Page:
Minister Marc Garneau meets with Montrealers to talk about the environment
Transport Minister Marc Garneau discussed climate change, while Montreal citizens voiced their concerns, at the Loyola chapel on Sept. 15. The conference started with a quick presentation regarding the federal government’s goals to prevent climate change from worsening.
“It is clear that it is a subject very dear to Canadians,” said Garneau. “Last December, our Prime Minister and Minister of the Environment were very much involved at the United Nations Climate Change Conference in Paris,” said Garneau, adding that it was at that moment “Canada took a serious engagement towards greenhouse gases.”
During the UN conference, according to The Globe and Mail, Canada had pledged to, by 2030, cut its emissions by 30 per cent from 2005 levels. Emission reduction goals set by the 1997 Kyoto Protocol were not met. On an international level, developed countries committed to spend at least $100 billion a year between 2020 and 2025 to help emerging economies deal with the effects of climate change. Finally, all countries were urged to save their remaining intact forests and leave fossil fuels in the ground.
Given that climate change is one of the greatest challenges humans face, Garneau said the Liberal government believes it’s time to build a strong, clean and sustainable economy for the sake of Canadians and the environment. According to the official Canadian government’s website on climate change, the country’s temperature has warmed up by 1.6 celsius in the last 50 years—double the global average—causing more extreme weather patterns and increasing snowfall in the northwest arctic, which puts many Canadians and indigenous communities at risk.
Garneau emphasized that taking on this challenge of creating a greener economy will require help from the entire Montreal community and the rest of Canada. He then presented Canada’s plan for dealing with climate change:
- Mitigation: How and where will we reduce these emissions?
- Innovation: Seeking ideas for new technologies and jobs
- Carbon pricing: A must-be-paid price for the right to emit the gas into the atmosphere
- Adaptation and resilience: A plan to prepare for any impact that climate change will have on Canadians and the rest of the world
The minister also presented a chart that broke down Canada’s greenhouse gas emissions across sectors: Oil and Gas (26 per cent), Electricity (11 per cent), Transport (23 per cent), Energy-Intensive, Trade Exposed (EITE) industries (10 per cent), Buildings (12 per cent), Agriculture (10 per cent), and Waste and others (7 per cent).
As his presentation came to an end, Garneau asked a few questions to the audience. For example, he asked: “What measures can individuals and governments take to reduce greenhouse gas emissions?” He also asked: “What are some ideas to promote innovation, new technologies and job creation aimed at reducing greenhouse gases?”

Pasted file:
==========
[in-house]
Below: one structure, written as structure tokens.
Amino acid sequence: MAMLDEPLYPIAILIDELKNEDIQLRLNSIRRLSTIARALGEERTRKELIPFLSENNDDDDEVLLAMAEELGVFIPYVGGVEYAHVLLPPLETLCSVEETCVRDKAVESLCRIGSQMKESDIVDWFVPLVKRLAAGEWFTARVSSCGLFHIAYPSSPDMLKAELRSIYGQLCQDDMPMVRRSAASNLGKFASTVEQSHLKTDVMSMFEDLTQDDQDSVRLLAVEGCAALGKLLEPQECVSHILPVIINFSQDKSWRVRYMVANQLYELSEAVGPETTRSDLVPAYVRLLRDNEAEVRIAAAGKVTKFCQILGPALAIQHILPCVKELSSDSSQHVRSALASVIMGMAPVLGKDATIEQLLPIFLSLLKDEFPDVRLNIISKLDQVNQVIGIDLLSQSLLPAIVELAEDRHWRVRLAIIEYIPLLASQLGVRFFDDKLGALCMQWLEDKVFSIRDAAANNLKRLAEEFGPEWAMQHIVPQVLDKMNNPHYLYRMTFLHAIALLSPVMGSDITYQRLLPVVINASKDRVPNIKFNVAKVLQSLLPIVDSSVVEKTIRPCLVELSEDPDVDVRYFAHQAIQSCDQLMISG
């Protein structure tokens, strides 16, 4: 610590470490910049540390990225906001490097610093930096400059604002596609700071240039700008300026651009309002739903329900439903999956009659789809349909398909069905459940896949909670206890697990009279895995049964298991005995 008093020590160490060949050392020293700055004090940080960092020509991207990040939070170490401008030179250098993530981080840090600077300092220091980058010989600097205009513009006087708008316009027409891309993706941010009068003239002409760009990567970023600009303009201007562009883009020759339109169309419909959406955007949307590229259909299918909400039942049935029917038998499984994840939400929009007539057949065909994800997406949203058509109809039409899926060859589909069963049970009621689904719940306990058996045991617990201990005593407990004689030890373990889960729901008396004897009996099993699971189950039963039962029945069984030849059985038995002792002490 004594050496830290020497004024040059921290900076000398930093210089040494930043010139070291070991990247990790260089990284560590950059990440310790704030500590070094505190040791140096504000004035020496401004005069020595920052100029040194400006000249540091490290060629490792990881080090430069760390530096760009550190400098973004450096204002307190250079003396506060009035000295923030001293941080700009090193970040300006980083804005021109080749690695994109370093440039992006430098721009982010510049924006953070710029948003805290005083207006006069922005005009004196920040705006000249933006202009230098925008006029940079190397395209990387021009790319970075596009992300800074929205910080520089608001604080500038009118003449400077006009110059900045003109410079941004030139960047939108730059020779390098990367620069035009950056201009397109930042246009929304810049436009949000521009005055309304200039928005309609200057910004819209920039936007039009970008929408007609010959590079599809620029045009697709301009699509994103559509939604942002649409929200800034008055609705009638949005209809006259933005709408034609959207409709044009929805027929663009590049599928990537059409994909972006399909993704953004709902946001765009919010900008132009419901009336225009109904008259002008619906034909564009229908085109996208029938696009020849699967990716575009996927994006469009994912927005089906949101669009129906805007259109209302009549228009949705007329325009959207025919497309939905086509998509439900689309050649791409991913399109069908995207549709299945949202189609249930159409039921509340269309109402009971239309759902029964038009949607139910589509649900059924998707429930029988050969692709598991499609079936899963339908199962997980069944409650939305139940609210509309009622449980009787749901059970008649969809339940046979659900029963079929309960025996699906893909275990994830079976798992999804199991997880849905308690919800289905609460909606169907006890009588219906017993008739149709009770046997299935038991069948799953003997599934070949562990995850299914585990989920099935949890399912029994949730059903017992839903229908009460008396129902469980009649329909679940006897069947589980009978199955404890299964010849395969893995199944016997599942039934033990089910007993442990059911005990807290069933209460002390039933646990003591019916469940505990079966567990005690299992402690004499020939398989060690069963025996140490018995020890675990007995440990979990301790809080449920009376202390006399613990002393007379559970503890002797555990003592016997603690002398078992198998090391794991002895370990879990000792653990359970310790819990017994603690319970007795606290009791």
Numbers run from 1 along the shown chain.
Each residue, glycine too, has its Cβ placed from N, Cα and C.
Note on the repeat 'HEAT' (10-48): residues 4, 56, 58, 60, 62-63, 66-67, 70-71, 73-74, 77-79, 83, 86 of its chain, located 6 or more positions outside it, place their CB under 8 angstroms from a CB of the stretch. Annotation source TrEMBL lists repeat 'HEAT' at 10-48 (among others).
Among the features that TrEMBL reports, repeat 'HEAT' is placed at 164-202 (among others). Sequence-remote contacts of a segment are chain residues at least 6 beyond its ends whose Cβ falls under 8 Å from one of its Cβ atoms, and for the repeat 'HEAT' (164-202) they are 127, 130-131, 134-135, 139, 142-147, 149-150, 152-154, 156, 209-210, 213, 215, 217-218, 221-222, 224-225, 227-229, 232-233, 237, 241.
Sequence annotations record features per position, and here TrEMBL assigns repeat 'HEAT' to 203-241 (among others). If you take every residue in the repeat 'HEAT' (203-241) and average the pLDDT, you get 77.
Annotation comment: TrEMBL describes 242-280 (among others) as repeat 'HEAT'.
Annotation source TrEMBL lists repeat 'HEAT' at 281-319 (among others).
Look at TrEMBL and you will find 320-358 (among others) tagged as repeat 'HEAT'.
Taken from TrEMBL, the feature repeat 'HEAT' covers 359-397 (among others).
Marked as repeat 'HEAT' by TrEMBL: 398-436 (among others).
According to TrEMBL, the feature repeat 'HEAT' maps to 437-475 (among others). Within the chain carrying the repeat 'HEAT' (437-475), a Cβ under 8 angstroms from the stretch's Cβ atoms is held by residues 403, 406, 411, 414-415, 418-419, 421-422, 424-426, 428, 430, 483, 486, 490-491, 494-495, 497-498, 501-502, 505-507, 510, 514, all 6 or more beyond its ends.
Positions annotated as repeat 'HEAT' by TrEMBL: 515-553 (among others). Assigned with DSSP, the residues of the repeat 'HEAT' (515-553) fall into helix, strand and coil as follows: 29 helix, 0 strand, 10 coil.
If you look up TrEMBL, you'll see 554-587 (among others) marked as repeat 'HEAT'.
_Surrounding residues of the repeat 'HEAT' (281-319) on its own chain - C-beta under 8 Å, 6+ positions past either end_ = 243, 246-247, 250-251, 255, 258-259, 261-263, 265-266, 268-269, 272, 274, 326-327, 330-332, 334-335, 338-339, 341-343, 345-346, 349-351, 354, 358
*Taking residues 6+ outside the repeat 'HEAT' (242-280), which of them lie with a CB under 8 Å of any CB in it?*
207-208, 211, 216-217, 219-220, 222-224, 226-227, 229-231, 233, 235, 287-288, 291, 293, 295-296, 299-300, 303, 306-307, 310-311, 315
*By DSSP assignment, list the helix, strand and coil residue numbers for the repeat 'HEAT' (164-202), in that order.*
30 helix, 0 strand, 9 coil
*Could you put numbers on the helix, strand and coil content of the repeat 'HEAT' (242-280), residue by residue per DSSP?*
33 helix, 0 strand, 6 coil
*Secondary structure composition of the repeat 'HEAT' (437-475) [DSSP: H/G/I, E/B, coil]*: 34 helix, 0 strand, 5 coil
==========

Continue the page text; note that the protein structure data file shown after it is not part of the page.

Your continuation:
About 40 people stood up for their allotted two minutes to voice opinions and share their concerns. When Raphael Côté, a student from UQAM, took the microphone, he spoke about the pie chart breaking down Canada’s greenhouse gas emissions.
He explained how the majority of greenhouse gas emissions, including electricity, oil, gas, transport, EITE, buildings and water all come to a total of 90 per cent of the gas emissions. “The only vital need [for greenhouse gases] is [in] agriculture,” Côté said. “Would you be ready to attack the industries responsible for producing these greenhouse gases?”
Garneau answered by saying the government is working with the UN to reduce activities of industries that produce greenhouse gases.
Garneau invited those who hadn’t had a chance to speak to email him questions and suggestions. Similarly, Shane Johnston, a volunteer from Vrai-Plan Climat, was also a part of the event. Vrai-Plan Climat is a non-profit organization developed after Trudeau’s government’s new national climate strategy for Canada came out. They work to ensure no one is being left behind in this government plan.
Vrai Plan Climat believes that the following three principles should be at the center of the strategy: They want a plan that aligns with the science of climate change, a plan that builds 100 per cent renewable energy economy and a plan that is justice-based.
On Thursday night, Johnston was collecting emails to stay connected with audience members, so the organization can plan different events related to implementing the three goals Vrai-Plan climat has for the government’s plan. She added that it is extremely important that the Montreal community works together at a time when the environment is so fragile.